STAR is made up of 46 groups at universities and colleges across the UK and a national team which co-ordinates and supports the groups. STAR groups are students’ union societies which are affiliated to the charity. The charity is governed by STAR’s Board of Trustees, elected annually by the students themselves.
Women refugees can be especially vulnerable. Marking Women’s Day, fundraising, education and dance events are taking place to support work for displaced women.
Today, UN High Commission for Refugees are fundraising to support more projects like the ‘Women’s Committee of the Future’. Based in Turkey, where over 3 million Syrian refugees were living in 2016, the Urban Refugee Women’s Network, with UNHCR support, developed a support group for women coming together over tea. Continue reading →
Organised by the University of Glasgow and the Islamic University of Gaza (Palestine), a workshop in Manchester, 8th March 2019, 2pm – 4pm at the Friends Meeting House.
This workshop will discuss the importance of giving a space to the languages of people seeking asylum and/or people who have refugee status. Showing respect and appreciation for home languages people bring with them can facilitate integration and promote wellbeing. During the workshop the organisers will also offer a free Arabic language taster (for beginners) as an example of a refugee language that can be learnt to offer ‘linguistic hospitality’ and to move ‘towards’ someone in their home language. We will also give information on the Online Arabic from Palestine language course that was developed collaboratively by a team based at the University of Glasgow (within the UNESCO Chair for Refugee Integration through Languages and the Arts) and at the Arabic Center of the Islamic University of Gaza, Palestine.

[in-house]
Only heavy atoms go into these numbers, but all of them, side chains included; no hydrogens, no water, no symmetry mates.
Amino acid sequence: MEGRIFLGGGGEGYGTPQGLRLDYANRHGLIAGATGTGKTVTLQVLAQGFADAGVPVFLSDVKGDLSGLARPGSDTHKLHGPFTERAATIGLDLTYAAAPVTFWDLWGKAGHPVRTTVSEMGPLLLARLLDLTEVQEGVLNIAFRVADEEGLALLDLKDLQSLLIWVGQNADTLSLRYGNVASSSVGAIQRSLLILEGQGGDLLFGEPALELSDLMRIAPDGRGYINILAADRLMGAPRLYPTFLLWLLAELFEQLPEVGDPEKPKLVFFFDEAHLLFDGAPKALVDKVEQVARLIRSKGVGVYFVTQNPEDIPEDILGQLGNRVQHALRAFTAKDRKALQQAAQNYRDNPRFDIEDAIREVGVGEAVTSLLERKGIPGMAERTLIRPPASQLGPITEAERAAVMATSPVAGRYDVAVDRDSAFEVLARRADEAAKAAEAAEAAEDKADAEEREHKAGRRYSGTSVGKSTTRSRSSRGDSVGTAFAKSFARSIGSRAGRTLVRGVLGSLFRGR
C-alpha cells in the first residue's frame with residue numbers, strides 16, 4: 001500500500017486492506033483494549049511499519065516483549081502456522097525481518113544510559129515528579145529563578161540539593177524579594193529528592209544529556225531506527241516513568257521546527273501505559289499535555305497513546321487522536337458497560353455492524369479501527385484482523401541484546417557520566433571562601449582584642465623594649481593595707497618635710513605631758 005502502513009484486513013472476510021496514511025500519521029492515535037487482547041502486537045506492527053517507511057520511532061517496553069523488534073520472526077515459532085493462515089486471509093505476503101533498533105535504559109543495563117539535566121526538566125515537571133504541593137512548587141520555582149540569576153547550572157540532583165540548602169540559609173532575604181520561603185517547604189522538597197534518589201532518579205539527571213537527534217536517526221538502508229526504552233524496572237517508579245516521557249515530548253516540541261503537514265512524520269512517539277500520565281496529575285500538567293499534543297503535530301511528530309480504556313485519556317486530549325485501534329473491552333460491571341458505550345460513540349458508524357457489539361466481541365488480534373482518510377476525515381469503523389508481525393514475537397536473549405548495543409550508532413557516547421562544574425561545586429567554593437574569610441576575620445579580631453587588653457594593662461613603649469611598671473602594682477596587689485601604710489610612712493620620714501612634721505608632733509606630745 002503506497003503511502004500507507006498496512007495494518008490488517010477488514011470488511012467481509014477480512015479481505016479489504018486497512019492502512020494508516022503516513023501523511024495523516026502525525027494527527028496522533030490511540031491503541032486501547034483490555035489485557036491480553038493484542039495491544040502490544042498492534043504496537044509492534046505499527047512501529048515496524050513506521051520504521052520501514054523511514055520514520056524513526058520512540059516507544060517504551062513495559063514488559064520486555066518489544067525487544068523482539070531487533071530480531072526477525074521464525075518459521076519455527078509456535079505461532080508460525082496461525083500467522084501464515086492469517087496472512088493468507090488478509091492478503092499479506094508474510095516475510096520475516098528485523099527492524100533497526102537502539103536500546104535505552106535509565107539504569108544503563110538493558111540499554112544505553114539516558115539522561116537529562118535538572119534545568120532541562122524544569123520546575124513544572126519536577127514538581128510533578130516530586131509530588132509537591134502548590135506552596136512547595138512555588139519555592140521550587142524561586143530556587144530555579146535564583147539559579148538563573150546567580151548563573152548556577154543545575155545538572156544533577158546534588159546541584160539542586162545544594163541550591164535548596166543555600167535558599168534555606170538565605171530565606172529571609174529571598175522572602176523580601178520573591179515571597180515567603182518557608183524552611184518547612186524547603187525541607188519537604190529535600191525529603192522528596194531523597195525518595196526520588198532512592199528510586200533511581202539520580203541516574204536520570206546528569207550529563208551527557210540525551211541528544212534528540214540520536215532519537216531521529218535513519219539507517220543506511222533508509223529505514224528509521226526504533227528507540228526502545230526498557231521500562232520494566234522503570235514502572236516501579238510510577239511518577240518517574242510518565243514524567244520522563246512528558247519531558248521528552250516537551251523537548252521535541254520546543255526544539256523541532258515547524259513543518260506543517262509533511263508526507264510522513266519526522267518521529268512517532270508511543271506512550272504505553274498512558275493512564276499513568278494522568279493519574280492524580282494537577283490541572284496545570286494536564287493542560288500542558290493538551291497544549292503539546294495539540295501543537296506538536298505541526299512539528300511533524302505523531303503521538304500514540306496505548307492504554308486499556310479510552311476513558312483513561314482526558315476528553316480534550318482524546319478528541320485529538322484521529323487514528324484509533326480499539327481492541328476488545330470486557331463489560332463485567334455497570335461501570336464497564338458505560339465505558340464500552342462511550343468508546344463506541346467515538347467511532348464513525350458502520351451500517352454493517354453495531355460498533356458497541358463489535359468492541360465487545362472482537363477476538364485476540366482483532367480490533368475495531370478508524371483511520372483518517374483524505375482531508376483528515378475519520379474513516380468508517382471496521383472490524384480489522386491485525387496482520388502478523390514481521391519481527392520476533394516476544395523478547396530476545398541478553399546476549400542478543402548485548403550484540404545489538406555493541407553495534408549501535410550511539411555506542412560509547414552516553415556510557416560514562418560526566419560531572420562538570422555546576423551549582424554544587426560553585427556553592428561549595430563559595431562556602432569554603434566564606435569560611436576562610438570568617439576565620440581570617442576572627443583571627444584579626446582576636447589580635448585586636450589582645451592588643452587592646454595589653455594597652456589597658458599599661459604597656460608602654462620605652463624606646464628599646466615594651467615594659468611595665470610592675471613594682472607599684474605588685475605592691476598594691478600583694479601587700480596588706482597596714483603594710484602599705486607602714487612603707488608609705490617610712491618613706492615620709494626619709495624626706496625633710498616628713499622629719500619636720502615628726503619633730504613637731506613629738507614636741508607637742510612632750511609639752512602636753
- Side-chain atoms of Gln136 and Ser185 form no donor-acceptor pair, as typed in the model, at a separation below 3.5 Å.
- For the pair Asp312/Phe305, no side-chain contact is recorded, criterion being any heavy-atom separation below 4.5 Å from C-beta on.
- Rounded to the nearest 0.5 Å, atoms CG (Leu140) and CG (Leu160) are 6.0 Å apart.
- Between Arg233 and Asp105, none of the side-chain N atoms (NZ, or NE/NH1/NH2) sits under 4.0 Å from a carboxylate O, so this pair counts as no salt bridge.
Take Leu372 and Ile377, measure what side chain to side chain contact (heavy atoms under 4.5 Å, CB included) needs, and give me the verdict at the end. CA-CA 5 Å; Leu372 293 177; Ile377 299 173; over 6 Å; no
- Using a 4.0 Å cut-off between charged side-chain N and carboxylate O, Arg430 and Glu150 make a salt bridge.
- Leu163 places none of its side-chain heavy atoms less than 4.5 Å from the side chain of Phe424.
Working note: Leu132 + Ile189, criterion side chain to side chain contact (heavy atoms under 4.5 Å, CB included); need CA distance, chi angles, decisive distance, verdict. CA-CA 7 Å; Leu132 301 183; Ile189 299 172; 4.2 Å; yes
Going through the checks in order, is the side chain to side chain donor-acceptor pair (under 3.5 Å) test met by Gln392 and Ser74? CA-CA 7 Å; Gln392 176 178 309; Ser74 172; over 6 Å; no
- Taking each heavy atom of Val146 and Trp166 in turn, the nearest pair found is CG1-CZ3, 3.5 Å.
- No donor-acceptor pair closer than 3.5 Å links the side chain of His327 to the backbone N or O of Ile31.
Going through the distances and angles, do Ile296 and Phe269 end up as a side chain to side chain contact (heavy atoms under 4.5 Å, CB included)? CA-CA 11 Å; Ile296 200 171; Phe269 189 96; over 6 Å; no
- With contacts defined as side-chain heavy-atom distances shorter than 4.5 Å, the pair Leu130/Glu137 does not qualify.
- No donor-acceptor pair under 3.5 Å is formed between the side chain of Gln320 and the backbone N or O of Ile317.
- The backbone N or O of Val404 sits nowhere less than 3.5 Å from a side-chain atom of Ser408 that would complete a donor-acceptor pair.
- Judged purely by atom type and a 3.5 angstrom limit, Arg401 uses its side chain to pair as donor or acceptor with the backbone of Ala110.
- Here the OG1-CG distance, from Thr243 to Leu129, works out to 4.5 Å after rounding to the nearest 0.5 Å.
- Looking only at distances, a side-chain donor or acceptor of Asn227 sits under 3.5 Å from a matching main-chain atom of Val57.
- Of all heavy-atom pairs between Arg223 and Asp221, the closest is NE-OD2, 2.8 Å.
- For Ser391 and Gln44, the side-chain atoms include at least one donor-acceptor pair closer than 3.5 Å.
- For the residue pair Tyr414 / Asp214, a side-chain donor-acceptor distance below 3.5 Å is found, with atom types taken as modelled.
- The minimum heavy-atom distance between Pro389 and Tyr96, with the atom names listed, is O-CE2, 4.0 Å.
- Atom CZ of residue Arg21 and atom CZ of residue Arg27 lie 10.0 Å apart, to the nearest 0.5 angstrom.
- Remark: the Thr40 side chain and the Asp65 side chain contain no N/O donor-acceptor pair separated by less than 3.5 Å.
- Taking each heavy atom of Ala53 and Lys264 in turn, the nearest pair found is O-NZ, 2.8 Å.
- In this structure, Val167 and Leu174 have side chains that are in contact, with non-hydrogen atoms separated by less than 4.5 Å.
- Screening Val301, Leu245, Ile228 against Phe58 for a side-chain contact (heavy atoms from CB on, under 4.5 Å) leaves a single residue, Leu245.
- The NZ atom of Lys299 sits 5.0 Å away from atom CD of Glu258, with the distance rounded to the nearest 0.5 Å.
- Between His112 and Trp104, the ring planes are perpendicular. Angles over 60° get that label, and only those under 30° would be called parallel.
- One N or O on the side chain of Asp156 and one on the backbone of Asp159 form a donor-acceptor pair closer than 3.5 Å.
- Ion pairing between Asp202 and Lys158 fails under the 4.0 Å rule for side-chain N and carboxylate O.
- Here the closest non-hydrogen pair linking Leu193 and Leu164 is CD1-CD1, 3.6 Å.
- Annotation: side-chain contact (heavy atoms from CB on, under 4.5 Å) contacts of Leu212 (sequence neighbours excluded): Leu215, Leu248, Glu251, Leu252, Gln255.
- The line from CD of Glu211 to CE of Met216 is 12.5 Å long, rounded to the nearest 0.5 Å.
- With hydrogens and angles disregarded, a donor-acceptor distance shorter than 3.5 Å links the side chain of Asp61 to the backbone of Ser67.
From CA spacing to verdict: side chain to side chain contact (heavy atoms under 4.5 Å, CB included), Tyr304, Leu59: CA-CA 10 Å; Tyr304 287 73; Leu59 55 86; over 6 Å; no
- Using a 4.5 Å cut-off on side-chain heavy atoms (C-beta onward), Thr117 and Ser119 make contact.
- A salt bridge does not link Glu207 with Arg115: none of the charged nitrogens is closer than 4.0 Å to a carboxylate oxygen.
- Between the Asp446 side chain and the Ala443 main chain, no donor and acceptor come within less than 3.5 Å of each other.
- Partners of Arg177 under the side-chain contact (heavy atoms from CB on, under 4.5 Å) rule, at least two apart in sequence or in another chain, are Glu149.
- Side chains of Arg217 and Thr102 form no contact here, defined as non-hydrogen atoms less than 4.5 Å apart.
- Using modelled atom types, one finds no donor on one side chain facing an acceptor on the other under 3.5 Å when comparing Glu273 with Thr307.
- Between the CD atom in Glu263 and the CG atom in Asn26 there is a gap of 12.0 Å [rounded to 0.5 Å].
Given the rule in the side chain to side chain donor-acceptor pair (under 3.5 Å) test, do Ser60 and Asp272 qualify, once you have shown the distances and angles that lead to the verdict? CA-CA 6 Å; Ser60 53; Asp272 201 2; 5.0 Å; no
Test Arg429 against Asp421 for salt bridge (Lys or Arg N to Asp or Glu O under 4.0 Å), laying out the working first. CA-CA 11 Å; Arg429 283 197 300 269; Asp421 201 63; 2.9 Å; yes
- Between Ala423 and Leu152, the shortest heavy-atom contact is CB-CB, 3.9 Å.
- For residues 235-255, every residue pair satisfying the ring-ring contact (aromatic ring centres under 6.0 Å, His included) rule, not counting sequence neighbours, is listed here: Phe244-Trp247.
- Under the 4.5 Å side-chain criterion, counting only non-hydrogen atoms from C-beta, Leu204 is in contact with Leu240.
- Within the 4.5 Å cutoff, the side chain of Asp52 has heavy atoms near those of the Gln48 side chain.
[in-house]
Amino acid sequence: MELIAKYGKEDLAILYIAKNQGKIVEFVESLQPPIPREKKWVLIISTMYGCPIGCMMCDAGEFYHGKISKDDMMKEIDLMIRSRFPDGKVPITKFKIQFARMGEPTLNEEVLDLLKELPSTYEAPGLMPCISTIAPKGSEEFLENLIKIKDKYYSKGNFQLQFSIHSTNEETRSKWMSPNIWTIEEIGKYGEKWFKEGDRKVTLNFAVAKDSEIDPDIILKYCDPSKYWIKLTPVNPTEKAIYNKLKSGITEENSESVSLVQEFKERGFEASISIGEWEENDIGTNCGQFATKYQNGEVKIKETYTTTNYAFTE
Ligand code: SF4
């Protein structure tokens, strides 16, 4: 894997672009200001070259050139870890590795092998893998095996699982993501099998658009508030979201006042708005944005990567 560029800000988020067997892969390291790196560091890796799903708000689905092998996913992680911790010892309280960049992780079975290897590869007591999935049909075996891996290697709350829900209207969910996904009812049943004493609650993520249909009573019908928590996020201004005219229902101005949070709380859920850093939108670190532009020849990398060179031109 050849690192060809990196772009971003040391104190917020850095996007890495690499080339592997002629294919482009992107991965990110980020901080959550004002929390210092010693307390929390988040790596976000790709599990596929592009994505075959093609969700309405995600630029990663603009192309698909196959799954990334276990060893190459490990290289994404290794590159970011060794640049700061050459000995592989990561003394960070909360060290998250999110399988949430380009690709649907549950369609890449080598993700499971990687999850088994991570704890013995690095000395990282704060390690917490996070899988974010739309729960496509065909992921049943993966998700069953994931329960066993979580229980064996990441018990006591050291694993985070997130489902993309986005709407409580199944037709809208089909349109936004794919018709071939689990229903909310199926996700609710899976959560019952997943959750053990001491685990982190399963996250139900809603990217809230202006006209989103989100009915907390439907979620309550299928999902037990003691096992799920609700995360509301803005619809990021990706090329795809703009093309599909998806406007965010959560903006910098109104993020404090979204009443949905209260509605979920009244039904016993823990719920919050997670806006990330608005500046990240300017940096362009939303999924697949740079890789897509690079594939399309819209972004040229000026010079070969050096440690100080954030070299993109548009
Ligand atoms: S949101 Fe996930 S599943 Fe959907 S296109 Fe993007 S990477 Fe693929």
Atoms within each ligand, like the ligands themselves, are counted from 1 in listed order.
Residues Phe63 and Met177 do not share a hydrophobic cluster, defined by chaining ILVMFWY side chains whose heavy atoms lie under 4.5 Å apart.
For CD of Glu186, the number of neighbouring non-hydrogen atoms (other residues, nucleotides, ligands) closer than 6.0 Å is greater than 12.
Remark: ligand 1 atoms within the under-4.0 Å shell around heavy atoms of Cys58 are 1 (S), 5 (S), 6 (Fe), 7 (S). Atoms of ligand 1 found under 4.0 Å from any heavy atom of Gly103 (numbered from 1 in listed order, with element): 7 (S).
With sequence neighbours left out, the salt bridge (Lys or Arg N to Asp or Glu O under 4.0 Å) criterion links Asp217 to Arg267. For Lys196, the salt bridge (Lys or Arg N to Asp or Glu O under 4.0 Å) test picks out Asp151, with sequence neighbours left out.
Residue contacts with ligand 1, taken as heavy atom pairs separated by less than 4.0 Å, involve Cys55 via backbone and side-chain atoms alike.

Tea and coffee will be available. The workshop is free of charge, but places will be limited, so booking is essential. More information is available here: Workshop_Flier-Manchester
The Migration Working Group – North West is holding its inaugural seminar on 19th of October 2018 at 2pm. Migration Working Group-North West brings together academics, organisations and practitioners working on migration who are either based in the North West of the UK, or researching migration in this region (including Action for Refugees). For the inaugural talk, the group have invited Prof Adrian Favell (University of Leeds) to share his work on ‘From political economy to political demography: beyond methodological nationalism’.
For more information about this free event and to register please see the event page.
‘Children’s Literature About Refugees: A Catalyst in the Classroom’
DR JULIA HOPE, GOLDSMITHS COLLEGE, UNIVERSITY OF LONDON
Monday 14th May 2018 at 1.00pm, Room E1
This seminar welcomes Julia Hope, author of, ‘Children’s Literature About Refugees: A Catalyst in the Classroom’. This book addresses one of our most pressing global issues – often called “the migrant crisis” – in a form accessible to younger children.
For child refugees to feel that their experiences are validated, and for others to understand their situation, engaging with the growing field of children’s texts on the subject is crucial. Teachers also need to be encouraged to find ways in to tackle such challenging topics, with fiction providing the perfect catalyst.
In exploring the use of Mary Hoffman’s The Colour of Home and Beverley Naidoo’s The Other Side of Truth in the classroom, this book is indispensable for educators in the younger age range, and for researchers who are interested in controversial children’s literature.
Organised by the Faculty of Education and sponsored by I4P, this event will take place in the Faculty of Education, room E1.